Europe's record temperature could be broken as Portugal and Spain heat up

  • Europe's record temperature could be broken as Portugal and Spain heat up

Europe's record temperature could be broken as Portugal and Spain heat up

Temperatures will reach 45 degrees Celsius (113 degrees Fahrenheit) in parts of the south-central Alentejo region, according to the country's weather agency, IPMA.

If the weather forecast is confirmed, it would be the most significant heatwave in Europe in the last 41 years.

The World Meteorological Organization says continental Europe's record is 48 C (118.4 F) in Greece in 1977.

Spain has also issued warnings of extremely high temperatures for its southern areas.

Hot air blowing in from Africa is turning Europe's tourism season into a cookoff, a kind of relentless sauna bath that is melting Sweden's glaciers and ruining crops for farmers.

A spokesperson for the Weather Channel said: "Towards the weekend it will become hotter once more with drier and sunnier skies extending more widely across the British Isles, the best of which will be on Sunday".

With today set to be even hotter, residents and tourists are warned to be on their guard by carrying out any activities during the early hours of the day and avoiding sitting in parked cars.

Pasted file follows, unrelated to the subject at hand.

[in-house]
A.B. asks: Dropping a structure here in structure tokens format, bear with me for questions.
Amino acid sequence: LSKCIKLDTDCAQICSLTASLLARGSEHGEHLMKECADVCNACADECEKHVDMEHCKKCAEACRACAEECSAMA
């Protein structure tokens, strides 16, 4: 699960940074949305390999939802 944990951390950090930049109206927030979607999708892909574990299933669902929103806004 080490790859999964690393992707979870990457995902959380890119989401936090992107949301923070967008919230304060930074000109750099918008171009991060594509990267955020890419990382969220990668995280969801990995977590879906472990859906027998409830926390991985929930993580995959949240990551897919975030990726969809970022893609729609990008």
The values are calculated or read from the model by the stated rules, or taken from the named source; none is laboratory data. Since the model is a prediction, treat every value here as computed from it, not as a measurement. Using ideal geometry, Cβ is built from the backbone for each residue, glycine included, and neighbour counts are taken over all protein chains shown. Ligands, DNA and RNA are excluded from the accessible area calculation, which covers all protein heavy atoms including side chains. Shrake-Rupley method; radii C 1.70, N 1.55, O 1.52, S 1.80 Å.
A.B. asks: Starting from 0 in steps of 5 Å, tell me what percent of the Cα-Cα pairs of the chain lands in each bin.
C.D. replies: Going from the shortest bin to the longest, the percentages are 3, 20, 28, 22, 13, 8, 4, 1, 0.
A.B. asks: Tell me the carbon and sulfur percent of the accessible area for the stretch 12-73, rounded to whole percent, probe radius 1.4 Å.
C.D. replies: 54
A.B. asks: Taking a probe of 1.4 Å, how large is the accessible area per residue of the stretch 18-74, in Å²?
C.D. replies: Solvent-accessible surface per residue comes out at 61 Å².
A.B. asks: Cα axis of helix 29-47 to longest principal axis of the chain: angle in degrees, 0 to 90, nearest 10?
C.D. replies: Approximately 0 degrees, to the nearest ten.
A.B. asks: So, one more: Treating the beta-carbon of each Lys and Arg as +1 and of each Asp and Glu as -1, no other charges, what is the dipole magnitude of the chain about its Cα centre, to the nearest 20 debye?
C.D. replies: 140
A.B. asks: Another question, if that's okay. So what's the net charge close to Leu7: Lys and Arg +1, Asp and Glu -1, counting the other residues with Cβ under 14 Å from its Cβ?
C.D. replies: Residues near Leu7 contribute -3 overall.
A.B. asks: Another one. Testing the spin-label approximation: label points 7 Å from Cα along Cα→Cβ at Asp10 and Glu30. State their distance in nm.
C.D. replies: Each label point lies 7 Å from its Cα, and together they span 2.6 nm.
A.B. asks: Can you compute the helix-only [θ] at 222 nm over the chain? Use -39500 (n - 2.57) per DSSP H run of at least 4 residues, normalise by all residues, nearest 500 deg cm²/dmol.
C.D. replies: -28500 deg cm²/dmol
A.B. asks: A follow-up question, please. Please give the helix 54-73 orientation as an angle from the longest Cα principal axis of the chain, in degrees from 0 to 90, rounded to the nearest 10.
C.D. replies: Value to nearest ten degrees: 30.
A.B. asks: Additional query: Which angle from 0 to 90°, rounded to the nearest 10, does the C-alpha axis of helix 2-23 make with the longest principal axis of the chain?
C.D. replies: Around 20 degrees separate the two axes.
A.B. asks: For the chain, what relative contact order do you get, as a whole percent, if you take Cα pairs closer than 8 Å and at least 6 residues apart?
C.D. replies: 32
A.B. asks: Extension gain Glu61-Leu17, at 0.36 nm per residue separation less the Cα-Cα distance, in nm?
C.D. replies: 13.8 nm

Holidaymakers heading off to Spain and Portugal next week are being warned about a heatwave which will bring unbearable temperatures to parts of Europe.

Last month, wildfires killed at least 91 people in Greece.

"Oh it's awful", said tourist Paul Snell.

Lisbon's temperature reached 43 degrees Celsius.

Two men died of heat-stroke in the southeastern region of Murcia, Cadena Ser radio station reported on Wednesday.

Parts of the Iberian peninsula are bracing themselves for a surge in temperatures amid warnings of the first heatwave of the year.

Offering a tiny glimmer of hope for heat sufferers, its long-range report for August, September and October, adds: 'The likelihood of above-average temperatures is greater than normal, but while the chances of below-average temperatures are considerably smaller, they remain a realistic possibility'.

A branch of the K-Supermarket chain in Helsinki's Pohjois-Haaga district has invited 100 customers to sleep in its air-conditioned store on Saturday.

Tourists took shelter under umbrellas outside the Louvre Museum in Paris and ignored "No Bathing" signs to paddle in the fountains.

Abnormally high temperatures during these days are recorded in many European capitals.

July's average United Kingdom maximum temperature was 22.6C from July 1-30, hotter than 1976's 21.6C, and the second-hottest since records began 108 years ago in 1910, behind only 2006's 23.2C.